Ottawa – The Council of Canadians has asked the Federal Court of Appeal to set aside the National Energy Board’s “List of Issues” for the proposed Energy East pipeline. The advocacy organization says the NEB’s list is unfair, biased and contrary to the law.
“The NEB has effectively sabotaged the approval process by saying what it will or will not consider before any application has been filed,” says Andrea Harden-Donahue, Energy and Climate Justice Campaigner with the Council of Canadians. “The NEB is acting in bad faith and demonstrating how biased it is in favour of the oil industry by tailoring the list of issues to be considered to the company’s advantage.”
The NEB recently released the Energy East “List of Issues,” which does not include the significant impacts the project will have on climate change emissions, the impacts of increased tar sands production on downstream First Nations or the fact that almost all of the crude shipped will be exported unrefined.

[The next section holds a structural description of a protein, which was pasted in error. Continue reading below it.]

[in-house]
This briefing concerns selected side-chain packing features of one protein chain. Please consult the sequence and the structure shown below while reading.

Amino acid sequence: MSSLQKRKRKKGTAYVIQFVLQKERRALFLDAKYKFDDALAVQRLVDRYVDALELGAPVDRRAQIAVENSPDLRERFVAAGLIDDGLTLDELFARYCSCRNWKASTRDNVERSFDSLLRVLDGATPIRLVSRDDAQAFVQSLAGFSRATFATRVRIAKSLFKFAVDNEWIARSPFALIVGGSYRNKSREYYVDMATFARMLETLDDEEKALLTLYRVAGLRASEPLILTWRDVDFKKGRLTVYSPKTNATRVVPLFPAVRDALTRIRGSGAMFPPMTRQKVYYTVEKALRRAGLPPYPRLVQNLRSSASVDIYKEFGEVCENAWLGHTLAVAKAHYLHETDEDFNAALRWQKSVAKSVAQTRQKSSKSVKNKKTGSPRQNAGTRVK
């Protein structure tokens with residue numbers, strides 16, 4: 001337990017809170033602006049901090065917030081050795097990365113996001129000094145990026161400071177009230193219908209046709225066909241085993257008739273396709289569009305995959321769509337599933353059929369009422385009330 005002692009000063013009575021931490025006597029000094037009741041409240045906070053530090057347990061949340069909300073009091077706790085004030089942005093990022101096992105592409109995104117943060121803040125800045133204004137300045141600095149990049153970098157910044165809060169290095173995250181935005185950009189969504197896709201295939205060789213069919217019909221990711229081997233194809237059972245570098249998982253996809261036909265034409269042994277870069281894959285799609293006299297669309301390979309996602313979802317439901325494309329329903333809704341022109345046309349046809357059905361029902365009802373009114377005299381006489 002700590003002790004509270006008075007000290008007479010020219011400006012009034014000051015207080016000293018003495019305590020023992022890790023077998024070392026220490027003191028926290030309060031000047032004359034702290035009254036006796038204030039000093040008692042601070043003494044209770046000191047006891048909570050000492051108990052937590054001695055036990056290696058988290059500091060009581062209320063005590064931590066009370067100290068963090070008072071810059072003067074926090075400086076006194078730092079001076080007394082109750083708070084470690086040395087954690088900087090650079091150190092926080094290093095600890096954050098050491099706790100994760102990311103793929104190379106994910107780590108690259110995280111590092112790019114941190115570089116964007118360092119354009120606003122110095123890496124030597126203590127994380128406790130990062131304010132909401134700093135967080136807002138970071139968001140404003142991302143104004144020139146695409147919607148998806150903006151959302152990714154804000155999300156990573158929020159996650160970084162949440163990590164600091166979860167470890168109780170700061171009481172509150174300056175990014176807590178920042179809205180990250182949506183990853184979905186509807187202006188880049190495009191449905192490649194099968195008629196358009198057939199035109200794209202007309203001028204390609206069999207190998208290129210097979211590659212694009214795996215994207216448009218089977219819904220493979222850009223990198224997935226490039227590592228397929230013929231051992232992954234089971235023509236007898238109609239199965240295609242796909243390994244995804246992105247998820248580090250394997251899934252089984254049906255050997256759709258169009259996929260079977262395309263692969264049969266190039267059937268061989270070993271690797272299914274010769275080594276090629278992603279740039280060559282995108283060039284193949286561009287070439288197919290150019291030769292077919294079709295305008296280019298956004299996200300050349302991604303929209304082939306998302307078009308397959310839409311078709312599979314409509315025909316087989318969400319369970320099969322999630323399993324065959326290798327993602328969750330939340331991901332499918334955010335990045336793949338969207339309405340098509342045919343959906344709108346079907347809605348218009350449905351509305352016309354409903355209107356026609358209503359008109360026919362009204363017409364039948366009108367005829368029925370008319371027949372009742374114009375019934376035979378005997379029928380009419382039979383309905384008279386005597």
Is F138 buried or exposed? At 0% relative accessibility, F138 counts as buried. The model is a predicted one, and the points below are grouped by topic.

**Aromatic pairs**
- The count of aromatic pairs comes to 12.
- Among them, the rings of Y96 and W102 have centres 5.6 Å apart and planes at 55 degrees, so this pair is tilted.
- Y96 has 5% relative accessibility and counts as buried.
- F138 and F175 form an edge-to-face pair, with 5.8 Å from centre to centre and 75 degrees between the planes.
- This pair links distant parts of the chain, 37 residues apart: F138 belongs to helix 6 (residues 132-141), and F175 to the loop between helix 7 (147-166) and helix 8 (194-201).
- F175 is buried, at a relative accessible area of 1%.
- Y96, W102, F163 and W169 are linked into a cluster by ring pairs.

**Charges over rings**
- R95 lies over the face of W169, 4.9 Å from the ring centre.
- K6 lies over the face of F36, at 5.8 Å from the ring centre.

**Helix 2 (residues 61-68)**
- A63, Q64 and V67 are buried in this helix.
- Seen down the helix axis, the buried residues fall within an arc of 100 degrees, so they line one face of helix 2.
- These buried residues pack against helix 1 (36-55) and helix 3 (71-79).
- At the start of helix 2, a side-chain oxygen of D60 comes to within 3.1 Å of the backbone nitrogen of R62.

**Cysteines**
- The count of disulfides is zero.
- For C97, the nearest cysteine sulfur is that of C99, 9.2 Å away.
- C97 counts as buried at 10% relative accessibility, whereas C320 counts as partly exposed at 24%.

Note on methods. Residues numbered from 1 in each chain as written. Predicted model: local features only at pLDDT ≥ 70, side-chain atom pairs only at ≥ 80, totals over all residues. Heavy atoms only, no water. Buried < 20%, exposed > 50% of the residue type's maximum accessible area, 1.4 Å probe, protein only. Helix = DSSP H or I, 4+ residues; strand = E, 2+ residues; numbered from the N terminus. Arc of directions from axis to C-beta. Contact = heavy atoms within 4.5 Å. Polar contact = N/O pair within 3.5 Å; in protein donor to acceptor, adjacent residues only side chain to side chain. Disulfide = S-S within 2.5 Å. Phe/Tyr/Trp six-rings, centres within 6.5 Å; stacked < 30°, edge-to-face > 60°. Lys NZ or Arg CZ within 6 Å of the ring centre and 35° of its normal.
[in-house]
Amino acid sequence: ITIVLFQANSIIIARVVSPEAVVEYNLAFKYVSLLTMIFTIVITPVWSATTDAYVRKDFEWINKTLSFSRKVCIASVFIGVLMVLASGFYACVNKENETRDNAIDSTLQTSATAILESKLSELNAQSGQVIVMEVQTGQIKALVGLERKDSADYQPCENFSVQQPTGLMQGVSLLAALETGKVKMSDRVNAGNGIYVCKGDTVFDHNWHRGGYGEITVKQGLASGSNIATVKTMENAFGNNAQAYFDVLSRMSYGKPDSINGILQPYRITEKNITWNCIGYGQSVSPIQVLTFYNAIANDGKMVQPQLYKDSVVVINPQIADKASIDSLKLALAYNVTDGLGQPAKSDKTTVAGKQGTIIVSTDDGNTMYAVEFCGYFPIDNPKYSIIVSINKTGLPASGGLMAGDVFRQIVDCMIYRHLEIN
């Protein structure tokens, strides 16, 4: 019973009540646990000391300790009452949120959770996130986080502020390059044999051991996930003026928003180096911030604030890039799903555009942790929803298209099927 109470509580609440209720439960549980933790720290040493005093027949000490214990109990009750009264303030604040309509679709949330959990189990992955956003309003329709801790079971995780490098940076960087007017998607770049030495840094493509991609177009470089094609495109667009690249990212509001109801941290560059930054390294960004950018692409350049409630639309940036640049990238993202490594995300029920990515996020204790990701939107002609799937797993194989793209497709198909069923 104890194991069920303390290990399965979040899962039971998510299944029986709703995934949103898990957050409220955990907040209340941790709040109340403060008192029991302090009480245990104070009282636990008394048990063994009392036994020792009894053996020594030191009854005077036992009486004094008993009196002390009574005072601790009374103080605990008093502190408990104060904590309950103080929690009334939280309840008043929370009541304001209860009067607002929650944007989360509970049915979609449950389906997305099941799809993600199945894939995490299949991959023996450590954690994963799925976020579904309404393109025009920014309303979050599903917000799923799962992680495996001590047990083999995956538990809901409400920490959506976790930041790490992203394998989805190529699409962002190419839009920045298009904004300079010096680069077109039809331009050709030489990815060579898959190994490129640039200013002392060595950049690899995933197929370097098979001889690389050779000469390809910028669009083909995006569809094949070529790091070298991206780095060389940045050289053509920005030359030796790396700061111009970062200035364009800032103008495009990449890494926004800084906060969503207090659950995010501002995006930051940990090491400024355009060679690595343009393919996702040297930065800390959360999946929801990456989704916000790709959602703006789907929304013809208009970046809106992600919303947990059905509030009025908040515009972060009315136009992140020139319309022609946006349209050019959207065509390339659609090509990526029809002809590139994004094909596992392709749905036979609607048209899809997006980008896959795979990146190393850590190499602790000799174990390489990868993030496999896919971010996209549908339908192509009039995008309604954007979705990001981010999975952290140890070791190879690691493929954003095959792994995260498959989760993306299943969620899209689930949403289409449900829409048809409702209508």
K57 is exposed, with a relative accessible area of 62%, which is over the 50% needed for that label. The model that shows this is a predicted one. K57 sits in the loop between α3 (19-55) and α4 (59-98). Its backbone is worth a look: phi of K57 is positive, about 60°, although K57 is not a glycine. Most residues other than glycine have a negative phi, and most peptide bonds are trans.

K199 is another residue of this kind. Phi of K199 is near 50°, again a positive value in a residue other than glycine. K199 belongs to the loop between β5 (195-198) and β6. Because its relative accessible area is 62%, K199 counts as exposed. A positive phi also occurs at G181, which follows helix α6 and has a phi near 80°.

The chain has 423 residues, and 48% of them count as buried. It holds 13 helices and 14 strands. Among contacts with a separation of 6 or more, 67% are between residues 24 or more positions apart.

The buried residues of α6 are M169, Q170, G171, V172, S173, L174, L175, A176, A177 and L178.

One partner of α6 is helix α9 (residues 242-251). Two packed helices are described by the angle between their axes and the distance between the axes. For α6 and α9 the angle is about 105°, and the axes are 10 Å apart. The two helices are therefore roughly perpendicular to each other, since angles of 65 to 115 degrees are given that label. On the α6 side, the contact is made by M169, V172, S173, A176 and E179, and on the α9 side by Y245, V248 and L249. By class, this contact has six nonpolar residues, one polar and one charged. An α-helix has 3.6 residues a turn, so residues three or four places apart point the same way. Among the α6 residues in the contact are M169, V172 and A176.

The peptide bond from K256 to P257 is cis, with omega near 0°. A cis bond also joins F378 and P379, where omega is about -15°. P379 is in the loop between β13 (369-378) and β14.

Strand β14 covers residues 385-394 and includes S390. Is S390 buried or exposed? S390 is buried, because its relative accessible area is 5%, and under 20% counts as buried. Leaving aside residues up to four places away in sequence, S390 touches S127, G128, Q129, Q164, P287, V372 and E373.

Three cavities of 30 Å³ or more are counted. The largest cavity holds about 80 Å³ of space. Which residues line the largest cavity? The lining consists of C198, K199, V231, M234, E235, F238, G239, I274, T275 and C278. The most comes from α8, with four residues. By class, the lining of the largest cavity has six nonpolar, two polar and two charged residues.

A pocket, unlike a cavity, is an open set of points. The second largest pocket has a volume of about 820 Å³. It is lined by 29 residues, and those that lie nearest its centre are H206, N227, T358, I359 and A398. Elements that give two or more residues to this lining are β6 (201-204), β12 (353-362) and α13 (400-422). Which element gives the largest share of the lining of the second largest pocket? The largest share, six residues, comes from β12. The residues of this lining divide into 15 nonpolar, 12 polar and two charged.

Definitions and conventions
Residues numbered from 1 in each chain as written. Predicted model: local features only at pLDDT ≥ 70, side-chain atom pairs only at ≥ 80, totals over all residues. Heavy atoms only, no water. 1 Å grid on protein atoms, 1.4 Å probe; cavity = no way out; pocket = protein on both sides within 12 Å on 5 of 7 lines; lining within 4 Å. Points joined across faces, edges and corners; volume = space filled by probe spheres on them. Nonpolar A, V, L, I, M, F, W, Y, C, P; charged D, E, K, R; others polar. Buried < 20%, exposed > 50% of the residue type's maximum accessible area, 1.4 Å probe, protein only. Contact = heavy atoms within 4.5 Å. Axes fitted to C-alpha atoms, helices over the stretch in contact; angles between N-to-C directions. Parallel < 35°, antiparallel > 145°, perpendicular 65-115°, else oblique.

Transporting 1.1 million barrels per day, Energy East would be the largest oil pipeline in North America. The company behind the project, TransCanada Pipelines, is seeking approval to convert an up to 40-year-old natural gas pipeline to carry crude oil, including diluted bitumen, from the Alberta tar sands to eastern Ontario, connecting it with new pipeline to New Brunswick.
“The NEB has previously claimed it has full jurisdiction to hear and determine all matters falling under the National Energy Board Act and that it can narrow the scope of its inquiry to what it considers relevant, provided that it does so in good faith,” says Jason MacLean, who is representing the Council. “I don’t believe that deciding on the issues in advance of TransCanada’s actual application being filed is acting in good faith.”
The NEB and the federal government must now respond to the Council's application to appeal the NEB's decision before the court decides whether the case can go forward.
The Council of Canadians is one of Canada’s leading progressive advocacy organizations with more than 100,000 grassroots supporters and local chapters across the country.
Jason MacLean is an assistant professor of law at Lakehead University who conducts research and practices in the area of environmental law.